Juhl: Fine-tuning is not surprising
September 15, 2006 — 17:18

Author: Trent Dougherty  Category: Existence of God  Tags: ,   Comments: 3

The October issue of Analysis is now available on line. It has an article “Fine-tuning is not surprising” by one Cory Juhl. I’d never heard of him so I looked him up on the UT Department website and he’s got good training in HPS.
I only perused the article, but I couldn’t find anything very original upon perusal. Some of it seems like a less-precise rehash of some of Brad Monton’s points discussed previously on the blog. One complaint that I very much share is the lack of any semantics offered for the kind of probability which is supposed to be at work in the argument. I’ve been slaving away at range theories of probability and point-set topology and re-reading Carnap trying to come up with something, but it’s very difficult. Still, I’m less worried about logical probability measures over infinities than I was when I started.
Though I’m personally vexed by this, I’m not sure how big a problem it is for the argument from fine-tuning. I can see one sticking to the intuitive judgements reasonably without being in possession of the mechanics. I’ve discussed this problem with Richard Swinburne and he’s certainly not interested in it. This is what he said in one email: “This notion of evidential probability, like- for example – the notion of cause, is so basic that any philosopher’s attempt to give a precise definition of it in other terms is unlikely to capture its nature adequately.”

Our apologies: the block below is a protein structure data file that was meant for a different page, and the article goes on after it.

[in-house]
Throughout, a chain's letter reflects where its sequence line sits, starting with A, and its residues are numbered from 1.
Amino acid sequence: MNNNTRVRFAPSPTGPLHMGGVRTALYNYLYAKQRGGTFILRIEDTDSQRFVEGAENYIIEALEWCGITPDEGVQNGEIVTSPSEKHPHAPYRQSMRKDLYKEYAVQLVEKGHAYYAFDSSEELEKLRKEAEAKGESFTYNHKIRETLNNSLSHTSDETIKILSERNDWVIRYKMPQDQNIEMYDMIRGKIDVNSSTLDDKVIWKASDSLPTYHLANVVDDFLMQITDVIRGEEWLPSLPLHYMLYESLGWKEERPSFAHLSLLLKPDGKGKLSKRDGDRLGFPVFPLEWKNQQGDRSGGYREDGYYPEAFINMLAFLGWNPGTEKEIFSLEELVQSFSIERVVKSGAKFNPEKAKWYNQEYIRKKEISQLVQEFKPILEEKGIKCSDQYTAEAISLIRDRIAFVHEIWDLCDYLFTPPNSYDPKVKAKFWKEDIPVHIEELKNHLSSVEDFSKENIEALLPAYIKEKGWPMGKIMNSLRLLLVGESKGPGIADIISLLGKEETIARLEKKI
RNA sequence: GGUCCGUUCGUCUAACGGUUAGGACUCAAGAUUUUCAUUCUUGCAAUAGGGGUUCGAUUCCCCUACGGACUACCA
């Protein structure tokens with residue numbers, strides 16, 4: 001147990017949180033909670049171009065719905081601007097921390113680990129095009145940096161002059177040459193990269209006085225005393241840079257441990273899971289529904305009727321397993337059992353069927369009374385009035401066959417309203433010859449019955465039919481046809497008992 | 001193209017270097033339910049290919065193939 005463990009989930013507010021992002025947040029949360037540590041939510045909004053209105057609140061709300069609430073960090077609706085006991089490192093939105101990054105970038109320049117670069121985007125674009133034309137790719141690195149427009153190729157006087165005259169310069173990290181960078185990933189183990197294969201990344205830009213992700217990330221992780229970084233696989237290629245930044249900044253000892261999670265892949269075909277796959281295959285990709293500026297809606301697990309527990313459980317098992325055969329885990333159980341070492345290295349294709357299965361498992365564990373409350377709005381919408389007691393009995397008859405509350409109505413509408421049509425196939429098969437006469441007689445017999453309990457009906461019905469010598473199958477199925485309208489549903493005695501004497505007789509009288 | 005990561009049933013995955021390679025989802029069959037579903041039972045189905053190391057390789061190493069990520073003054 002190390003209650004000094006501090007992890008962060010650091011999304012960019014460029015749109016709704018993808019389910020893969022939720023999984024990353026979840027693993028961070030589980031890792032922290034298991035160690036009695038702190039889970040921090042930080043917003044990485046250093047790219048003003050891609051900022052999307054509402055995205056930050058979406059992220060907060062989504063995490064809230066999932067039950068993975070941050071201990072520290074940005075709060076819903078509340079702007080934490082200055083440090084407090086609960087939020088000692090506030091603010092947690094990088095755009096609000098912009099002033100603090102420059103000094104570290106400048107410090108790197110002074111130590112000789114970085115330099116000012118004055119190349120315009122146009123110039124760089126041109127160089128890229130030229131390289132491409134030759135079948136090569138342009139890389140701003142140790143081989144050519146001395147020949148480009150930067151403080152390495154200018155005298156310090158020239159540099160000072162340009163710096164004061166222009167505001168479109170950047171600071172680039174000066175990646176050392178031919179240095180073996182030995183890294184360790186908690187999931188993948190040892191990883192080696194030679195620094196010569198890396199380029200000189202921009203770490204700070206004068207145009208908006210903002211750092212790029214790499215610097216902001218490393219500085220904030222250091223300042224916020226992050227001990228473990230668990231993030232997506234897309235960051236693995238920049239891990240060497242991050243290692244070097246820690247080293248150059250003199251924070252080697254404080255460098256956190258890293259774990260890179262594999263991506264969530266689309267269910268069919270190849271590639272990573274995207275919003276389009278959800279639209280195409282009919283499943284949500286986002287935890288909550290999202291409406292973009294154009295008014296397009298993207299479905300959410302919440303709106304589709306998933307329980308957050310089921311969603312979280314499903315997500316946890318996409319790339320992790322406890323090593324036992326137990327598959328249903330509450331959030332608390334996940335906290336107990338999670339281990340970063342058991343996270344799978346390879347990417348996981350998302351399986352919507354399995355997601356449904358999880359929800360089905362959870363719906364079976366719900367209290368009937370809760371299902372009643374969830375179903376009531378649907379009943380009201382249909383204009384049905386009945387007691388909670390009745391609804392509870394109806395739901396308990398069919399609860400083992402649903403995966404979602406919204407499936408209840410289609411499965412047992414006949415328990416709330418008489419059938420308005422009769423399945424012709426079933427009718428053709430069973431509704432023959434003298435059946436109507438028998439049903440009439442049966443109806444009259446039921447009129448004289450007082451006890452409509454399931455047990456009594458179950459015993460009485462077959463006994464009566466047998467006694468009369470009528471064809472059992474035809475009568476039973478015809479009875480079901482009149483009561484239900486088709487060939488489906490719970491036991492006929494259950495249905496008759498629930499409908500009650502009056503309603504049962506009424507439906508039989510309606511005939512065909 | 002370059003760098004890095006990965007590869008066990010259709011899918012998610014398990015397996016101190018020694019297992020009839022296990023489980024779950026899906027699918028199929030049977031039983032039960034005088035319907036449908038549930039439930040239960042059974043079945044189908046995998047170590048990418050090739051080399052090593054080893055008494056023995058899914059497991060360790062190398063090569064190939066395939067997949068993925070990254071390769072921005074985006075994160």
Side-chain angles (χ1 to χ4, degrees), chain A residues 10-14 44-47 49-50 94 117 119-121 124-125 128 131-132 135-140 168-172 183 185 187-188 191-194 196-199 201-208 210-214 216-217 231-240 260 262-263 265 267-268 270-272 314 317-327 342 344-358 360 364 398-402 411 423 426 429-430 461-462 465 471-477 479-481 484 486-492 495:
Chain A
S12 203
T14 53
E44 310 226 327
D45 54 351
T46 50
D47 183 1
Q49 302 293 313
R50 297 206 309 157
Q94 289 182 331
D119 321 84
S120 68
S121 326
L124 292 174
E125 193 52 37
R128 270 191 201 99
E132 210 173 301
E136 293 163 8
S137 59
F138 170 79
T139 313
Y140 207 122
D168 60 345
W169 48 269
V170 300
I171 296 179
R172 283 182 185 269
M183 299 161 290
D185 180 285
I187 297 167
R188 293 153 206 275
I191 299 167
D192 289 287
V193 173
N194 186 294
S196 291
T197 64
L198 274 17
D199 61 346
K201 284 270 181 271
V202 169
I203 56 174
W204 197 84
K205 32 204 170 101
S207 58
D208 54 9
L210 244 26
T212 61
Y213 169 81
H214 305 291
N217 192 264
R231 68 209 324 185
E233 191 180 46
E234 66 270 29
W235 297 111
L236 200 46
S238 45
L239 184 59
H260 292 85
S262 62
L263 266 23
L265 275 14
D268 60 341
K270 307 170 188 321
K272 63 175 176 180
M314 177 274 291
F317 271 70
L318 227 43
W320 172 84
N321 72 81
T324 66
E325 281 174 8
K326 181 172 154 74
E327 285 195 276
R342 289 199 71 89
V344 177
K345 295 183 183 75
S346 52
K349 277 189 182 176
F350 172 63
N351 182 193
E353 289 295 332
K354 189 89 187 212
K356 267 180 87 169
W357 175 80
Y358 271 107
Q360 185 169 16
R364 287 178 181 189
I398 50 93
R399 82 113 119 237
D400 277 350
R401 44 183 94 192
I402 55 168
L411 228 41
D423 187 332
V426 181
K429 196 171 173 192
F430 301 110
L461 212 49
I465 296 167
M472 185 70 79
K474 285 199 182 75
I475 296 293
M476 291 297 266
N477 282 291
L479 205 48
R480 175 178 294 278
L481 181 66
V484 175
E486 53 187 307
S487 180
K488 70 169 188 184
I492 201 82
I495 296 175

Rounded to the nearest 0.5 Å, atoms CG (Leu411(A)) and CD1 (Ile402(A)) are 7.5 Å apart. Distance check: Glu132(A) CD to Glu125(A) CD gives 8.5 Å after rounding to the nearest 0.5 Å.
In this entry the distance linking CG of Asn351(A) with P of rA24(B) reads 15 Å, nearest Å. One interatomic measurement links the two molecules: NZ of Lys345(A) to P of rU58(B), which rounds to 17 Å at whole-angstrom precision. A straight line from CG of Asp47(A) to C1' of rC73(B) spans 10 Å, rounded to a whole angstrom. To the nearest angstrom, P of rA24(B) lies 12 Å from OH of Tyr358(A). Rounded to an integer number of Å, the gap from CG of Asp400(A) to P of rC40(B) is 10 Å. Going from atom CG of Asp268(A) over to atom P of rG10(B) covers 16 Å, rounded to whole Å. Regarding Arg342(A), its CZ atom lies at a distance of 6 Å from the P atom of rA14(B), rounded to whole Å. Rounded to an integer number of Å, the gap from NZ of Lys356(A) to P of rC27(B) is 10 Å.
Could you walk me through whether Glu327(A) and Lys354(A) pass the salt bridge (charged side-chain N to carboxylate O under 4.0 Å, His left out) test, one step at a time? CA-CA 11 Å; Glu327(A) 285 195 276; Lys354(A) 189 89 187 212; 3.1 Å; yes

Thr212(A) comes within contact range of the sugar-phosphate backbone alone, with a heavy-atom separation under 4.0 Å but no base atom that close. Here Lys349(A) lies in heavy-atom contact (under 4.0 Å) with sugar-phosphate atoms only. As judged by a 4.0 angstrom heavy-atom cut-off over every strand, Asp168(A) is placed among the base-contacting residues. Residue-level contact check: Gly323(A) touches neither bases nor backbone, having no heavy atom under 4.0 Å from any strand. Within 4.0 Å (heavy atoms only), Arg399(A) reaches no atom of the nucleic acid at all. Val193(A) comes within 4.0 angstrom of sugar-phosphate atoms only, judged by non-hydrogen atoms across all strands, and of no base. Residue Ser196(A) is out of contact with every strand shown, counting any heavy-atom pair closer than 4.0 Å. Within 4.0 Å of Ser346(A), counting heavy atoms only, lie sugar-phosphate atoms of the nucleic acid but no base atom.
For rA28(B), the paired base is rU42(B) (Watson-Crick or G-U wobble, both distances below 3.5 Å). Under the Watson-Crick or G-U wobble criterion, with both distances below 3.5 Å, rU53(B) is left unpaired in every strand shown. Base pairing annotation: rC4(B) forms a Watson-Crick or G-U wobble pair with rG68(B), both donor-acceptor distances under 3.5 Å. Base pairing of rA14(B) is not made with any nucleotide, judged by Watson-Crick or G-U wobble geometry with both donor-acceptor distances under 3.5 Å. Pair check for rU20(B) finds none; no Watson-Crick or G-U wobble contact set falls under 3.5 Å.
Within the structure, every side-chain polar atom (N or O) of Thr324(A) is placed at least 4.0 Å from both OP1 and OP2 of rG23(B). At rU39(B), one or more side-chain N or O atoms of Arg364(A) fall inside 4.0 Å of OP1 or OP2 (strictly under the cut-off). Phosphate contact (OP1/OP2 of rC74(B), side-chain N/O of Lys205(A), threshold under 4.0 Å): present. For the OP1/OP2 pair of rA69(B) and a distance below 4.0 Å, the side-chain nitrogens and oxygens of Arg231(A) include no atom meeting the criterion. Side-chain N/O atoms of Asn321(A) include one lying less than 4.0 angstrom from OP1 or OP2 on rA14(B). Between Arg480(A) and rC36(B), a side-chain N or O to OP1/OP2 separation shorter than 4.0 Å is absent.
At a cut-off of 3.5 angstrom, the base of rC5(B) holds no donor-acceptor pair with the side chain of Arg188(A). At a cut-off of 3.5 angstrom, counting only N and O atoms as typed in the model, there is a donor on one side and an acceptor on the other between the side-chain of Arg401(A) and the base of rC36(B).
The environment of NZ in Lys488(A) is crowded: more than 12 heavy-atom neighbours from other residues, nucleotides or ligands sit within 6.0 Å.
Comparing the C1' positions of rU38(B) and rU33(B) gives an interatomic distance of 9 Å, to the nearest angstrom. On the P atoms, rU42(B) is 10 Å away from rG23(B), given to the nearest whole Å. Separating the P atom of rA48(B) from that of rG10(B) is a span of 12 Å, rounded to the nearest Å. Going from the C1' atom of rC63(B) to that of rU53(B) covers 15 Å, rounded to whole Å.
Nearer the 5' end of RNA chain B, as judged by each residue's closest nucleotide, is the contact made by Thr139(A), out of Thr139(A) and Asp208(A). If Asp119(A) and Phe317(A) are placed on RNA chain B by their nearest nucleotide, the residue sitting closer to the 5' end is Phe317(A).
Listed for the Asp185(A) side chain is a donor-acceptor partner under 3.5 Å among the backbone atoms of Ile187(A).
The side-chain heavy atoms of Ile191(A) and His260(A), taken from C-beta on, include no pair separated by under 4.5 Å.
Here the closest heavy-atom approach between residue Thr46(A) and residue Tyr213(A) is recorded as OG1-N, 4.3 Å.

He thinks the judgements themselves are intuitively correct. One might say that the intuitive judgements are in fact the standards according to which the theories should be judged (or at least relatively fixed points in a reflective equilibrium). A philosopher wants more, of course, but we might have to live without it.
I’ll be presenting my own criticisms of the fine-tuning argument at the upcoming SLU Religious Epistemology Conference which I’m very much looking forward to.

  • Hi Trent,
    Two really quick and easy questions. First, what’s ‘HPS’? Second, by “peruse”, did you mean that you skimmed it? (According to the dictionary, to peruse is “to read through with thoroughness or care”.)

    September 15, 2006 — 20:22
  • Matthew

    HPS = History and Philosophy of Science

    September 15, 2006 — 22:05
  • Greg Ganssle, in Thinking About God, says it’s just epistemic probability. Admittedly, he’s writing for high school students and college freshmen, and the only other option he contrasts it with is statistical probability like coin tossing, but it didn’t occur to me that there was a serious problem with taking it to be epistemic probability in the short time I considered it while reading that chapter (which happened to be earlier today at the airport while waiting for my baggage to come around the conveyor belt, so if there’s an obvious problem that I should have noticed I think I have a good excuse).

    September 16, 2006 — 2:37